Nevertheless, an amendment supported by GOP conservatives to the defense spending bill that would block the use of tax dollars to pay for sex-reassignment surgeries and hormone treatment for transgender military personnel will be considered this week.
There are between 2,500 and 7,000 transgender individuals in active duty and another 1,500 to 4,000 in the reserves, according to the RAND study.
The idea of using tax dollars to pay for sex-reassignment surgeries for transgender military personnel has been in discussion in the House for weeks, blocking the passage of a bill that includes many of Trump’s campaign promises.
If Trump follows through on his tweet and bans transgender individuals from serving in the military it will be the third reversal of an Obama-era executive order that protected LGBT rights. The first two were the protections on transgender bathroom use in public schools and restrictions on discrimination against federal contractors for their gender or sexuality.
“This rash and surprising Tweet contradicts the Department of Defense’s previous policy decision to allow transgender service-members to serve openly, and constitutes official discrimination,” said Connecticut Sen. Richard Blumenthal in a statement in response to Trump’s tweet.
As of now, the White House has no timeline for when policies would begin to change in the Department of Defense.
“The President’s tweet this morning regarding transgender Americans in the military is yet another example of why major policy announcements should not be made via Twitter,” said Chairman of the Senate Armed Services Committee, Sen. John McCain. “The [president’s] statement was unclear. The Department of Defense has already decided to allow currently-serving transgender individuals to stay in the military, and many are serving honorably today.”
Natasha Lombardi, the president of the board of directors for the Connecticut Transadvocacy Coalition, was not surprised by either the President’s message or delivery.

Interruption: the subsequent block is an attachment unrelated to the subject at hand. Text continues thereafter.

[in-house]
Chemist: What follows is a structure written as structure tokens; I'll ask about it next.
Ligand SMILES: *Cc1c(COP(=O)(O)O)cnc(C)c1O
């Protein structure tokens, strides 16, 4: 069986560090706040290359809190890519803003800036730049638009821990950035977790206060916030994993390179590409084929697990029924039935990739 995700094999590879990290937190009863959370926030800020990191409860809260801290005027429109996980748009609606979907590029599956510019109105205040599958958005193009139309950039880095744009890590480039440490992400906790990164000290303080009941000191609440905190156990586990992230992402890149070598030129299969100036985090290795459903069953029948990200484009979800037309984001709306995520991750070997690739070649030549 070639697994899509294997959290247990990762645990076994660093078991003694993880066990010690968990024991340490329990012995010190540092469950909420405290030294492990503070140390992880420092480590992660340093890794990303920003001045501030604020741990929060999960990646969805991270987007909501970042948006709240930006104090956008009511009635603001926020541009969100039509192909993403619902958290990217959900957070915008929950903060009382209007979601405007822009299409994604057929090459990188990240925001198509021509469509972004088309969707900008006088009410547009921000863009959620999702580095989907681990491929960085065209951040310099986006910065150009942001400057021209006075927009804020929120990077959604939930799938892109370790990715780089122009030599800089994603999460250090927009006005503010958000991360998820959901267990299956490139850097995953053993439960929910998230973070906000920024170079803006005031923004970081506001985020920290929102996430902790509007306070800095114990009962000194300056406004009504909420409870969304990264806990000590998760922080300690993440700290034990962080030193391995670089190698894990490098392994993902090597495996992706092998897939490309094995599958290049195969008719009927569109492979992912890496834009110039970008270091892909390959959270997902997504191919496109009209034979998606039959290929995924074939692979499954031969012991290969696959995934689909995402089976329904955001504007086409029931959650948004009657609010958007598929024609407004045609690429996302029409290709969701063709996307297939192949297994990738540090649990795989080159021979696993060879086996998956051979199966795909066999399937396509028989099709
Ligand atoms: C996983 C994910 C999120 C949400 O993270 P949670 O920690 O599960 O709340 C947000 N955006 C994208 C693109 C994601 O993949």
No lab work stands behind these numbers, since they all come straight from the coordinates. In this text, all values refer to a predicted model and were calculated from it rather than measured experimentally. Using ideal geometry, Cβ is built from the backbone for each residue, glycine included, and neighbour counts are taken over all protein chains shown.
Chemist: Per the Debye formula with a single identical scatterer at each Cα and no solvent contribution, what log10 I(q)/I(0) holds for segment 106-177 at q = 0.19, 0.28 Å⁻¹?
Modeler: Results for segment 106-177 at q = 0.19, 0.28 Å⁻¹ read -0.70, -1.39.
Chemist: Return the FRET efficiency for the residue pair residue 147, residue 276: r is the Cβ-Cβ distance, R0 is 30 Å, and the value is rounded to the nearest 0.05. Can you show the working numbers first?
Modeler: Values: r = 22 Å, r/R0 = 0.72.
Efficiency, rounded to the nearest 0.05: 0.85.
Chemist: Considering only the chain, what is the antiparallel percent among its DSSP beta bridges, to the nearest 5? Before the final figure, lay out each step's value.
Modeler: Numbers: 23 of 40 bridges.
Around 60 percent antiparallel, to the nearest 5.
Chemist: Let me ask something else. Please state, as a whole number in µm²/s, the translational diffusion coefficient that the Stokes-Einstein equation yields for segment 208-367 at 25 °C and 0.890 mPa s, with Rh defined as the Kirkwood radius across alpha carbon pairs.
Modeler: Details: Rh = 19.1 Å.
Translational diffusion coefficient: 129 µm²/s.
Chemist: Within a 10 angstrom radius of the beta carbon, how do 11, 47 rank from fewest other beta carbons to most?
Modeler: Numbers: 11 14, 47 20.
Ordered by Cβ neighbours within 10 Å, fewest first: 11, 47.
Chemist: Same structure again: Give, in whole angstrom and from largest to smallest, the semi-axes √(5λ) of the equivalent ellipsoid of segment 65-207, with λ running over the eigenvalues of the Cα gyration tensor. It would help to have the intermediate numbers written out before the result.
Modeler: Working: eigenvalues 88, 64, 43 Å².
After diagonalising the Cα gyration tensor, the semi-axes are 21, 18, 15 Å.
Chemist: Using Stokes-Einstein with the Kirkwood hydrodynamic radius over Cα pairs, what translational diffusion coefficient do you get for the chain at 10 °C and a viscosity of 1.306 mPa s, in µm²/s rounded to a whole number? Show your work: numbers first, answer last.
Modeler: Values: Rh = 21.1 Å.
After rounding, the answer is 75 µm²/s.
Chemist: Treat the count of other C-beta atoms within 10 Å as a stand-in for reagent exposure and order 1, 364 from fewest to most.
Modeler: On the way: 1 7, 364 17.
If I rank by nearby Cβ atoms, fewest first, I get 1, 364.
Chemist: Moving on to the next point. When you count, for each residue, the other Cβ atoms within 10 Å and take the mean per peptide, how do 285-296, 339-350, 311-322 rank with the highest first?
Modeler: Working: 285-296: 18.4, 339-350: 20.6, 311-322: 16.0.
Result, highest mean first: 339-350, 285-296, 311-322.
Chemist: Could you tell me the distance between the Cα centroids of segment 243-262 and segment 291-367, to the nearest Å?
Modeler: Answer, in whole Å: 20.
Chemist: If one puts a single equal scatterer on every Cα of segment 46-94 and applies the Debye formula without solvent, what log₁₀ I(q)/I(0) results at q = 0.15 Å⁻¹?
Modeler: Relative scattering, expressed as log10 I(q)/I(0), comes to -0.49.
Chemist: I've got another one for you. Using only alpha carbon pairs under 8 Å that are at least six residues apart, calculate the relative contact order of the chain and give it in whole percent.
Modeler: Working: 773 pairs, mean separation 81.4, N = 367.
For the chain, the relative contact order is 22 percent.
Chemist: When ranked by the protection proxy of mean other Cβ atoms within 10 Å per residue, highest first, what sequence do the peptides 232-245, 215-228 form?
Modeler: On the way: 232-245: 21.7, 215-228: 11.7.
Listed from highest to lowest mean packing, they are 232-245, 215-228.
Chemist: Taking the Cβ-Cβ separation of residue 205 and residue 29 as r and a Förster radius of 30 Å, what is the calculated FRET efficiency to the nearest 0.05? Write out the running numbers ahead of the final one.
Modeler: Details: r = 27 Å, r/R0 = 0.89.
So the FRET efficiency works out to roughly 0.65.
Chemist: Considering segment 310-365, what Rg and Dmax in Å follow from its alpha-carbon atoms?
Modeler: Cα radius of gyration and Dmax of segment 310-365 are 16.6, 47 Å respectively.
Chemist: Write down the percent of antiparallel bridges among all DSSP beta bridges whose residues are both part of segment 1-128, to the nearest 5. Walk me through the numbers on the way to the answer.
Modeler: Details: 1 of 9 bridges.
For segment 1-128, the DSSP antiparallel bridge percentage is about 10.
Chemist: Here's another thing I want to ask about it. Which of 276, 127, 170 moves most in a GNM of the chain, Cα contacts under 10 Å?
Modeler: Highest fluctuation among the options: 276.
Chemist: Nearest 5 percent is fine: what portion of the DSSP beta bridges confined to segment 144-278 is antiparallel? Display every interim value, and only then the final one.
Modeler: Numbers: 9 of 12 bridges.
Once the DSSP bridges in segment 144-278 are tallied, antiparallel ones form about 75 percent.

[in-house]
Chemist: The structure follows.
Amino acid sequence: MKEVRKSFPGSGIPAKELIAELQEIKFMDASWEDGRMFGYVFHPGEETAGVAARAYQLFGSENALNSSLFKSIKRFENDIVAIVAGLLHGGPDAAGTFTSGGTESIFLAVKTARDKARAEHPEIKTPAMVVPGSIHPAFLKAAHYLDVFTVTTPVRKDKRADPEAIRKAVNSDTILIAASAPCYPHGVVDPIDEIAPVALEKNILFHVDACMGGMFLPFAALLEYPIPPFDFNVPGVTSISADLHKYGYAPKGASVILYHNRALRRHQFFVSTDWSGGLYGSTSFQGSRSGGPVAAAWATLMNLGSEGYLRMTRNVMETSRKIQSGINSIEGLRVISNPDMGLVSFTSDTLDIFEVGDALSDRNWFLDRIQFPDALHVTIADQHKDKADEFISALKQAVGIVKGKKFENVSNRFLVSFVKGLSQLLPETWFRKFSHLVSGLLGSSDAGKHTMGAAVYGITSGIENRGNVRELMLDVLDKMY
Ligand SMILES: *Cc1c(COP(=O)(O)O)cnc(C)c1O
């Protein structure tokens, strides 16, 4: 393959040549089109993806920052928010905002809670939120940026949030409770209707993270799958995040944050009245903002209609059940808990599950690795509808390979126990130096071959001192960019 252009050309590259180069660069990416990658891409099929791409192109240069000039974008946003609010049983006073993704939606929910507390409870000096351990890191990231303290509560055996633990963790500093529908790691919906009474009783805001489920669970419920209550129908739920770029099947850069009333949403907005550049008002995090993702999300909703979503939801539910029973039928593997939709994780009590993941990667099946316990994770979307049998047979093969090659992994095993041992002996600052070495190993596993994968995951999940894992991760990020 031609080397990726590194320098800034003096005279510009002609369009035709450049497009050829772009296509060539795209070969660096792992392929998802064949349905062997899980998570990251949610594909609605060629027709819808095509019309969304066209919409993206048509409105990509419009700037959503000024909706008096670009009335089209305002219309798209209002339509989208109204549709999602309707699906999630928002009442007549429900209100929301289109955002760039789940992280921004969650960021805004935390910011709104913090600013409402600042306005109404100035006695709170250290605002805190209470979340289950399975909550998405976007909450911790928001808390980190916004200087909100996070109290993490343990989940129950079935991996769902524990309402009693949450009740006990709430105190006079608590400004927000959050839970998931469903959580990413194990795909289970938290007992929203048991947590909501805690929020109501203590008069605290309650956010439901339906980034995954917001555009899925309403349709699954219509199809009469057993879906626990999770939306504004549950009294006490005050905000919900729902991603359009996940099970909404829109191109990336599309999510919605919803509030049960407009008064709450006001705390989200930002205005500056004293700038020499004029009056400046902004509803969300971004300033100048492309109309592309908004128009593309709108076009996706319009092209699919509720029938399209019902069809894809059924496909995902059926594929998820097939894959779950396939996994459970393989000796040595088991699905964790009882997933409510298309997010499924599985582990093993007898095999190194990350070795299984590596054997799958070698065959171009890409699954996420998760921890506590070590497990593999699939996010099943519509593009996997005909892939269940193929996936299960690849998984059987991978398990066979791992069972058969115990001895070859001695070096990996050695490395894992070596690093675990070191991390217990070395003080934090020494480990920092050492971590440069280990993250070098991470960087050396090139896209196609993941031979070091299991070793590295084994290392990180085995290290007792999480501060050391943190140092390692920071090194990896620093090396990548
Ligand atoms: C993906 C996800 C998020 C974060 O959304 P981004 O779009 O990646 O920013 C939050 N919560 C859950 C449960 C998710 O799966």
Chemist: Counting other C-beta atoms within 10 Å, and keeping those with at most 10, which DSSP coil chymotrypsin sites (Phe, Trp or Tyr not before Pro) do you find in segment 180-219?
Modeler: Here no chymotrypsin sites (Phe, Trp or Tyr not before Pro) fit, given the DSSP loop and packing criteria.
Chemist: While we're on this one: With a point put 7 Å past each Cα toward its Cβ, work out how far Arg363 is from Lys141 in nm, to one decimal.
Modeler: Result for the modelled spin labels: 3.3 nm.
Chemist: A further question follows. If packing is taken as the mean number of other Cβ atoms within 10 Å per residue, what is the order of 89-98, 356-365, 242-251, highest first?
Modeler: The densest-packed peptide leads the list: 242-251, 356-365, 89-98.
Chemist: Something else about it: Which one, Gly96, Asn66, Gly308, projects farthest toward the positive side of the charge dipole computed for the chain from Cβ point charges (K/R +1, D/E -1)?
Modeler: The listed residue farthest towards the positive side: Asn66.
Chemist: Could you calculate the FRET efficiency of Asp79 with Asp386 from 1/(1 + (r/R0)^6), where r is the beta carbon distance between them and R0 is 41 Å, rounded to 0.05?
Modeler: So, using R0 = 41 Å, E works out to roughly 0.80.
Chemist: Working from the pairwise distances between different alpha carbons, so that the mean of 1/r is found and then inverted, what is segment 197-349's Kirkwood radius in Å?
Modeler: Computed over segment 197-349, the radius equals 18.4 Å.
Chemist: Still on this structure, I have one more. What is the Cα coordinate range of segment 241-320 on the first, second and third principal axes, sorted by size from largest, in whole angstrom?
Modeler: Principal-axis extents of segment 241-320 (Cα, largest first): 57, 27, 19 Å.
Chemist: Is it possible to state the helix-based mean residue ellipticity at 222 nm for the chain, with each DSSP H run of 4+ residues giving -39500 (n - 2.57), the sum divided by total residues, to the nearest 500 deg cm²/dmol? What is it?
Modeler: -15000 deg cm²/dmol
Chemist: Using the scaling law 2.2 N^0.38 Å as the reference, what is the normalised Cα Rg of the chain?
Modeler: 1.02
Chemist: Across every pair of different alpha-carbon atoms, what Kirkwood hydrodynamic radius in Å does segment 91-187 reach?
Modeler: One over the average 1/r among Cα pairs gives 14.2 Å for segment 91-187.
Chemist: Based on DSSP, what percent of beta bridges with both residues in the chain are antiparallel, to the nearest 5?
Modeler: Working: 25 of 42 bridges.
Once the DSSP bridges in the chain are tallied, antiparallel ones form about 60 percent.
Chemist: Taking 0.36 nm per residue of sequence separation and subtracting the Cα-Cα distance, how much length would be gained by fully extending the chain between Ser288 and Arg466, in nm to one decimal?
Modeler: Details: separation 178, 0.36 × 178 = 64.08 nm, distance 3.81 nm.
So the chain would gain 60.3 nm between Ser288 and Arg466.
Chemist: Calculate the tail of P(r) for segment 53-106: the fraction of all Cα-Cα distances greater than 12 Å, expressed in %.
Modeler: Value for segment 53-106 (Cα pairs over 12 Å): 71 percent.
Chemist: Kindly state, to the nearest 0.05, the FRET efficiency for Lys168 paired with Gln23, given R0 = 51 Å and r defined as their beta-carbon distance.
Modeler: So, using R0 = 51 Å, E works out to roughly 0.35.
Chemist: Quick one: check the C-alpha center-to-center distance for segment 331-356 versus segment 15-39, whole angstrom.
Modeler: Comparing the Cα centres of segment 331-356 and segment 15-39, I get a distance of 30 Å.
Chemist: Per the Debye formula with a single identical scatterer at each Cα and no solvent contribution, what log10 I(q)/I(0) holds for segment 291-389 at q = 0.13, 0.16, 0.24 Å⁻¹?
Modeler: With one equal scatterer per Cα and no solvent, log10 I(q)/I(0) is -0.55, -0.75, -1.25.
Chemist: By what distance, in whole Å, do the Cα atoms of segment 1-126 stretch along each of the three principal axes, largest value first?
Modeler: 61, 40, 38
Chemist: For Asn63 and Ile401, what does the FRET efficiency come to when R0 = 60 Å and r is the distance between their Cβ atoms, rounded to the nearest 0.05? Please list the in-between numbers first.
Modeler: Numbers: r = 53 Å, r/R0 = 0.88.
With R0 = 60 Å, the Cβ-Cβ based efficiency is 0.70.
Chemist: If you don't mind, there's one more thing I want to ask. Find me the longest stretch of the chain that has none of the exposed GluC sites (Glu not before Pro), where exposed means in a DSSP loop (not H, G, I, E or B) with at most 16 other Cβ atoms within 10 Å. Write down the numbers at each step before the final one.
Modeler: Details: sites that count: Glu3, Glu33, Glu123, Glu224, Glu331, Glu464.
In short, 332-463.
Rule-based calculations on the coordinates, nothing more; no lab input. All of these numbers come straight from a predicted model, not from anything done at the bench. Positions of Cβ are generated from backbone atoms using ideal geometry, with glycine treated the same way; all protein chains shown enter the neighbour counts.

“I was not very surprised at all when it happened,” Lombardi said. “But it scares me. It’s a slap in the face to the entire LGBT community after three times he told us he would be a better friend to us than anyone ever would.”
Robin McHaelen, the executive director of True Colors, a Hartford nonprofit that works to serve sexual minority youth and their families, called this announcement a diversion from the national conversations on healthcare and Russia.
“Trump is a master at diverting people’s attention from what is happening,” McHaelen said. “The transgender community is an easy target and scapegoat. He wants us to fight about this and not think about Russia or healthcare.”
McHaelen said the first thing she thought of when she heard the announcement was one of the high school students who comes to True Colors and has always wanted to join the military.
“The first thing I thought of was how am I going to tell our little trans kid,” McHaelen said. “One of our little trans boys last week was talking about being so excited he was going to (ROTC) bootcamp.”
After being rejected by his family, ROTC has been a stabilizing and supportive community for him, McHaelen said.
When he comes back from boot camp, “I will tell him that the tweet is not the end of it… , policies have to be changed first.”
Washington reporter Ana Radelat contributed to this report.